How a dash cam worksTo put it simply and briefly, a dash cam records a variety of data and stores it for a period of time, which can be used later if there's an accident or road rage incident to prove that you're not at fault. (We're assuming you're not at fault; more on that in a second.) The dash cam obviously records video, but most also record audio. Many of the more advanced units come with GPS, which can be used to determine vehicle speed, and some come with accelerometers which can sense a crash and preserve the footage taken just before the accident.
Almost every dash cam will record as soon as it gets power — so, when the car turns on, and the cam is plugged into ignition-controlled power, it's recording. Beyond that, there are a huge number of variations. Some have LCD screens built in, so you can review the footage without having to plug the unit or memory card into a computer.
Most have built-in flash storage, and many are expandable. When the storage runs out, the camera just overwrites the existing data. That's fine; no one needs to see you run errands a few days before an accident occurs. If there's footage you'd like to save, just make sure to offload it before it's overwritten.
What a dash cam is used forFrom a user's perspective, the point of a dash cam is to protect you in the event of an accident, and it relies on the notion that the driver using one is not at fault. The dash cam can't cover for you if you did something wrong, but it can help prove that you were in the right. It records what it records. Let's say an unscrupulous person throws himself in front of your car, or stands on the brakes on the freeway, causing an incident. This is where a dash cam shines. That evidence can be used to help prove that the incident wasn't your fault. Otherwise it might be your word versus the other person's, and perhaps you'll take a portion of the blame ... which could increase your insurance premiums, or worse.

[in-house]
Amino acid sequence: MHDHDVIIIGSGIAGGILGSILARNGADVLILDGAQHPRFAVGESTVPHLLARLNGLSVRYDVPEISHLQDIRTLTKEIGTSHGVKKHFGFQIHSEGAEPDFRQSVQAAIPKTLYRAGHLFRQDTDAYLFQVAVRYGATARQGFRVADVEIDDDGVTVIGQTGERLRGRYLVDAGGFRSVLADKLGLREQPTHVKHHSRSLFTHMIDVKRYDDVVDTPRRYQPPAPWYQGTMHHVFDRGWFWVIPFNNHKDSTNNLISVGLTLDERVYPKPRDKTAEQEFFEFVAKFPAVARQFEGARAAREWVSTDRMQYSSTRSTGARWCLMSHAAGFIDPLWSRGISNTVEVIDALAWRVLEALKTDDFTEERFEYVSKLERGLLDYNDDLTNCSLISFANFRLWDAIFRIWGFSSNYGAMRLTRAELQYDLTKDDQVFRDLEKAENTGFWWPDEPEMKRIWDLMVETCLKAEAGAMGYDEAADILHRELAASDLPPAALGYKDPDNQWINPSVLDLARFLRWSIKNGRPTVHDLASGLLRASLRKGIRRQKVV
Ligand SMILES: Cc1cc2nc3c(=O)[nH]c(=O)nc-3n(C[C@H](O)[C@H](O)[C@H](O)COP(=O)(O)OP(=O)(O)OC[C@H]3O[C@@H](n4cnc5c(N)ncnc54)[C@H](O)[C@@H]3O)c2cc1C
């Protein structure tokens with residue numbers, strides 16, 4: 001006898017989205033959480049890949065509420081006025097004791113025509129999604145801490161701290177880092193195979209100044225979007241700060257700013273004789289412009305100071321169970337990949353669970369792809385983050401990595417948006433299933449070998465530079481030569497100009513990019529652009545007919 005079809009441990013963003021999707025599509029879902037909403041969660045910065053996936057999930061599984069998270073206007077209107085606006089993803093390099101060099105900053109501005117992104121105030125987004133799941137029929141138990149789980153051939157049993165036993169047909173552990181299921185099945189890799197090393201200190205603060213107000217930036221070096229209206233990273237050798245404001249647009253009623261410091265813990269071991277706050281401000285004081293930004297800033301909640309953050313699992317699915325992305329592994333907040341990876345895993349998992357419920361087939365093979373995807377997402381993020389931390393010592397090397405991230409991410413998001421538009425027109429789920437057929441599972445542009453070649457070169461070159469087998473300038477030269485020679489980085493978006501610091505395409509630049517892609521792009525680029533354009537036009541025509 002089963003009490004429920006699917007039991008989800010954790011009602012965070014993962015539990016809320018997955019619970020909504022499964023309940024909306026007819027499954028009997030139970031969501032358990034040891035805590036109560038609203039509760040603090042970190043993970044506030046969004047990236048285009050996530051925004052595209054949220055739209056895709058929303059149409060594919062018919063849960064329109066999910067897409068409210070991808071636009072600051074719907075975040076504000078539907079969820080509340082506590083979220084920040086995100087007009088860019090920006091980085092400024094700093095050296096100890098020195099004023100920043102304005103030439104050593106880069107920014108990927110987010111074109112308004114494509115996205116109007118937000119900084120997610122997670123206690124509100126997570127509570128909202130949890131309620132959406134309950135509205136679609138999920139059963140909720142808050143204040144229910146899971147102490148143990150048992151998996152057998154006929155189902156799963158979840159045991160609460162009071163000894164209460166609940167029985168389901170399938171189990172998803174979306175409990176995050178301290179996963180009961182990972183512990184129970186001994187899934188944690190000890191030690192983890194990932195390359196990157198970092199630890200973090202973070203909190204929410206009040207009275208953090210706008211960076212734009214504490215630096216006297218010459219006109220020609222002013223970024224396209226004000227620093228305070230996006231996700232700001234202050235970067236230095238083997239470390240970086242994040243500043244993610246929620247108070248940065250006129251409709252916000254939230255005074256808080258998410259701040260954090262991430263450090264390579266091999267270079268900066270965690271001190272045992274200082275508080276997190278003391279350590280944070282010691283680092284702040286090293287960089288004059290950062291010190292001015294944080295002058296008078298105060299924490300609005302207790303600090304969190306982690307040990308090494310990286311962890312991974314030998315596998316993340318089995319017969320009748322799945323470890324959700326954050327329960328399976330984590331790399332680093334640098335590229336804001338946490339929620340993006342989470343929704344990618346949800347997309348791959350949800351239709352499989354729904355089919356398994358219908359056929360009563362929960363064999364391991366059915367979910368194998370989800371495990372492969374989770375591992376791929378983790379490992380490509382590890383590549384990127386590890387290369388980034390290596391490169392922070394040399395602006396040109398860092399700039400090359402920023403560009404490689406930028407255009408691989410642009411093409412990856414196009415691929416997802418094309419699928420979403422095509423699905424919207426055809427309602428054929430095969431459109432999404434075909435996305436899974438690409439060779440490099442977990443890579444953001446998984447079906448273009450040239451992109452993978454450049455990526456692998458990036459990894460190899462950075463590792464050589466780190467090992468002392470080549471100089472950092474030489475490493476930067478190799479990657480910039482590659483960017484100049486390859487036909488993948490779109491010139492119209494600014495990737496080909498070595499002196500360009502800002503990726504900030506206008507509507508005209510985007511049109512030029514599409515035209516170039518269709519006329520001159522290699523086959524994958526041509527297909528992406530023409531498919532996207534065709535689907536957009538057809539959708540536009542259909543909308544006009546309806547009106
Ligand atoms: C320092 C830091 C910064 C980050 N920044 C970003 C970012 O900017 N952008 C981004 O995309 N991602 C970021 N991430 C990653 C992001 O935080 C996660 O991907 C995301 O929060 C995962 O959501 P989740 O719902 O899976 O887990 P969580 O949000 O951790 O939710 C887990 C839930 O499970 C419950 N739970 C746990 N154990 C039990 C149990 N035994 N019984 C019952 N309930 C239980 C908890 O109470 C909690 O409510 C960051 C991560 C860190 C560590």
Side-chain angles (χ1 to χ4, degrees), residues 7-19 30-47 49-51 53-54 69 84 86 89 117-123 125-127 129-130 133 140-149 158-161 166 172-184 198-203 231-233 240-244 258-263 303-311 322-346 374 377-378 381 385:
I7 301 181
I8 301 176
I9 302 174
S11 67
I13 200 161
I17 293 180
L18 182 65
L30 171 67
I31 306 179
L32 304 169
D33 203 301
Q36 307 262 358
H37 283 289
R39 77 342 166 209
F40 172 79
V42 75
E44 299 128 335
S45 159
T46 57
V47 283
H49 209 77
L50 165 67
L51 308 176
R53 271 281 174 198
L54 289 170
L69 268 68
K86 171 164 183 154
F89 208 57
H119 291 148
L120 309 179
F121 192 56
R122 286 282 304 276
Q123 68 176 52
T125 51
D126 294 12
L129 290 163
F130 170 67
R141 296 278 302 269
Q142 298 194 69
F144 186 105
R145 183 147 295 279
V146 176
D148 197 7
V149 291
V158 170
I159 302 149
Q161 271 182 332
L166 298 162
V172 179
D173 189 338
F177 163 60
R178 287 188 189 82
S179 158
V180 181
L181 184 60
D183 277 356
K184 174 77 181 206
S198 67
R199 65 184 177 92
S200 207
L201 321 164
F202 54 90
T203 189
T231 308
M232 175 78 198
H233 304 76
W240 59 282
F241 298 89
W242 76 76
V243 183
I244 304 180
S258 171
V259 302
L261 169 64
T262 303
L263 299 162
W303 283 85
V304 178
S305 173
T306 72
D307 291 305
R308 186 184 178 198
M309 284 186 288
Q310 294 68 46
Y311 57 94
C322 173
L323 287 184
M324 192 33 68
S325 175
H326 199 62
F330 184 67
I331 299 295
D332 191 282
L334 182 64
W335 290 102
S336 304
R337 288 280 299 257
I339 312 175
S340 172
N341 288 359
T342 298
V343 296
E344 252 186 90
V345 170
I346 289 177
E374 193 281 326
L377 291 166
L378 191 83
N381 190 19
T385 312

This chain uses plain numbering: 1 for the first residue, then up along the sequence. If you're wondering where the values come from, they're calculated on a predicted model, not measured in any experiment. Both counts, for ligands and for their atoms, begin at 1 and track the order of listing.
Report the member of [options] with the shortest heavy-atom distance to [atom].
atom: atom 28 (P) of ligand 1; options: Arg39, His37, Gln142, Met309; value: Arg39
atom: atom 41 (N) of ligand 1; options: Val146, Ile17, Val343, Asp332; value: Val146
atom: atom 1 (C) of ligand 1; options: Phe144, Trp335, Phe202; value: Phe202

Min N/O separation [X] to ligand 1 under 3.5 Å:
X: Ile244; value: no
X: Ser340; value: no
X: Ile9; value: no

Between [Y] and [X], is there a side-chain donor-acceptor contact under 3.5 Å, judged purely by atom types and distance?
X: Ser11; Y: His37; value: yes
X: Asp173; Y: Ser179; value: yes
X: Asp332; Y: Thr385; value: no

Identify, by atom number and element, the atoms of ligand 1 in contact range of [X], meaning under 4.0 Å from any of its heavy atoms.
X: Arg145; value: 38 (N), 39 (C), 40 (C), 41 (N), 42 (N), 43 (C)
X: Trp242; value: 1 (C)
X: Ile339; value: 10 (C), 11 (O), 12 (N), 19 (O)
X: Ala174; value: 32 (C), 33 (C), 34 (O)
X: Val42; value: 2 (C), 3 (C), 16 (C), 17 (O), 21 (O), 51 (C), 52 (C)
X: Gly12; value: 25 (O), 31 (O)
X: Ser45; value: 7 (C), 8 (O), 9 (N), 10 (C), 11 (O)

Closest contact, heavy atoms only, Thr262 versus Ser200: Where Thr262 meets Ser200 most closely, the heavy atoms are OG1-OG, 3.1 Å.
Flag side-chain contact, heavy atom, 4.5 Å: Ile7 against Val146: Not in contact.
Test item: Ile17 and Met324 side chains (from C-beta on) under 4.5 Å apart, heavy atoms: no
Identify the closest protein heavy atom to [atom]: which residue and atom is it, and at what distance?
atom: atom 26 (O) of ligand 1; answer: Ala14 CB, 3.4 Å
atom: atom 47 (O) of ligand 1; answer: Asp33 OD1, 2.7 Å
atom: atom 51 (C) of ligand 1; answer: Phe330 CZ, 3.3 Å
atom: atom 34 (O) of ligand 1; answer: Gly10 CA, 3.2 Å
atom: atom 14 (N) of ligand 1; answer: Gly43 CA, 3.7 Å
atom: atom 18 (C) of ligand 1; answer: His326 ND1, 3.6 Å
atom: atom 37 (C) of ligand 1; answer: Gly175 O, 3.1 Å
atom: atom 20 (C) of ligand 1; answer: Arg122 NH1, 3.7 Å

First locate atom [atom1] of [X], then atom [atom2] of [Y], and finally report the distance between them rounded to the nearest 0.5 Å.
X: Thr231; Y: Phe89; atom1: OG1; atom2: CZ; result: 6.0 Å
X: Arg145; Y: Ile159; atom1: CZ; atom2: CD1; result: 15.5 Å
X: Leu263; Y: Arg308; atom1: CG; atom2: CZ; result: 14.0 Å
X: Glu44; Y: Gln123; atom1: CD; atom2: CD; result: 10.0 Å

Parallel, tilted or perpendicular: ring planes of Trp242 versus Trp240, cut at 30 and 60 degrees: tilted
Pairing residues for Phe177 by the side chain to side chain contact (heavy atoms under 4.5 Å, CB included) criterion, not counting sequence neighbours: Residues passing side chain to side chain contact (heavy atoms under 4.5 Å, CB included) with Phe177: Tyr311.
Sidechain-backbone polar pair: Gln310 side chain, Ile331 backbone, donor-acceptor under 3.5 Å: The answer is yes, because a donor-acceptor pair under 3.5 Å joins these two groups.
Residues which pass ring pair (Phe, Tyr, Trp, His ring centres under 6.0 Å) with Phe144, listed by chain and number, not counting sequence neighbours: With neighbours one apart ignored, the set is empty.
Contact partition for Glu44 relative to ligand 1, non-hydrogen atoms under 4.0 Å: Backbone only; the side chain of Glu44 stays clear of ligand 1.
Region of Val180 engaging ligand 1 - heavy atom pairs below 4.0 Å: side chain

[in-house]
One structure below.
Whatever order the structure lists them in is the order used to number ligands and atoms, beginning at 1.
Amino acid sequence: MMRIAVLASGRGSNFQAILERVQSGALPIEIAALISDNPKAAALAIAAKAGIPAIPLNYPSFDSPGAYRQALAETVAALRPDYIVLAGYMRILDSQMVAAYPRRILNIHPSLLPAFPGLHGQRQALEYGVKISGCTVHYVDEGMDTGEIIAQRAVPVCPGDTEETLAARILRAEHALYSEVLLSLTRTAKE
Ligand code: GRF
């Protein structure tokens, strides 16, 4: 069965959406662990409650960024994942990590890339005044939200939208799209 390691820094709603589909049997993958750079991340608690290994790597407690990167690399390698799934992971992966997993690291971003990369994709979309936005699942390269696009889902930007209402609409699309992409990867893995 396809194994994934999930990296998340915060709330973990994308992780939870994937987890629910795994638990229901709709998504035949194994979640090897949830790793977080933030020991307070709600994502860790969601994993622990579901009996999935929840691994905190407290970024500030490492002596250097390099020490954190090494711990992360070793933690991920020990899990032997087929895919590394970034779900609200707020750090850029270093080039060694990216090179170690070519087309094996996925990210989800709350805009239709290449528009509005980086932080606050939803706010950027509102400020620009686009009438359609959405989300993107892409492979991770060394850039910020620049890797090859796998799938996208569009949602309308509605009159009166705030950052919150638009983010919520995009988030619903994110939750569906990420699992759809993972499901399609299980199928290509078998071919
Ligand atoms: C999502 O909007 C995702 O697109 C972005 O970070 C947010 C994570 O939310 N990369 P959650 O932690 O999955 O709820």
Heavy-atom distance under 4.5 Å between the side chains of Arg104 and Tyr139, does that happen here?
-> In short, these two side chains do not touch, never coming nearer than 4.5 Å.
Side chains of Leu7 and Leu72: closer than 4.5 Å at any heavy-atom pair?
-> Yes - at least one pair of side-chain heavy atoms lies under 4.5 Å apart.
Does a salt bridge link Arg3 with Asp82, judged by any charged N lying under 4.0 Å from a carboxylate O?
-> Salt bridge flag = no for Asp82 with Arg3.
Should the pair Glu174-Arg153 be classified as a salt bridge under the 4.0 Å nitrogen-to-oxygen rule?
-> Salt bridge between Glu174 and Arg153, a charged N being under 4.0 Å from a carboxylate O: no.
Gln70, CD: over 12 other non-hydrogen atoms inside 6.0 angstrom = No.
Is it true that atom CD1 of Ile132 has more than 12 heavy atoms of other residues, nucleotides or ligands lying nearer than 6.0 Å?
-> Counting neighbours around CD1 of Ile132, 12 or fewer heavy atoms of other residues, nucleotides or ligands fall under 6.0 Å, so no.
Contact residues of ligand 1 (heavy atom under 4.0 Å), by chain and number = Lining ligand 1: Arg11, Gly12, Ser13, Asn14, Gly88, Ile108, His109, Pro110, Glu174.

If you use one, you want to drive carefully and legally. Let's say you were speeding through a school zone, looking at your phone, and sideswiped a parked car with a GPS-equipped dash cam recording your position, speed, and the incident. It'll be pretty clear from the dash cam footage exactly what happened.
Oh, and don't assume that you can simply delete footage after you do something that's your fault. While the specific laws in your locality may vary, let's just say that the authorities won't particularly like the fact that your otherwise operational dash cam conveniently is missing a chunk of footage. Of course, you're going to drive safely, so this won't be an issue. After all, a dash cam should be a constant reminder of that.
Pros and cons of using a dash camThe other side of the coin is whether a dash cam is worth the investment and the small amount of upkeep. Since they're conspicuous and somewhat valuable devices, they could be stolen if left out. And if unmounting it and hiding it to prevent its theft is too onerous, you might not set it up when you end up needing it. If you live in an area with a lot of traffic accidents, and you're concerned about protecting yourself, it might be worth the hassle.
At this point, there's no overwhelming argument in favor of having, or not having, a dash cam. Insurance companies don't require owners to have them, nor do many offer discounts for using them. But, the dash cam itself is a bit of an insurance policy. Just having one could prevent a serious legal or financial headache.
Consider the outlay involved, and then step back and think about how concerned you are about protecting yourself in the event of an accident or road rage incident. If this is something you're already a bit worried about, and the piece of mind that comes with being able to present evidence to a court or the police that is likely to prove that you're not at fault, then a dash cam is worth it. If it all seems a bit unnecessary or inconvenient, a dash cam's not for you.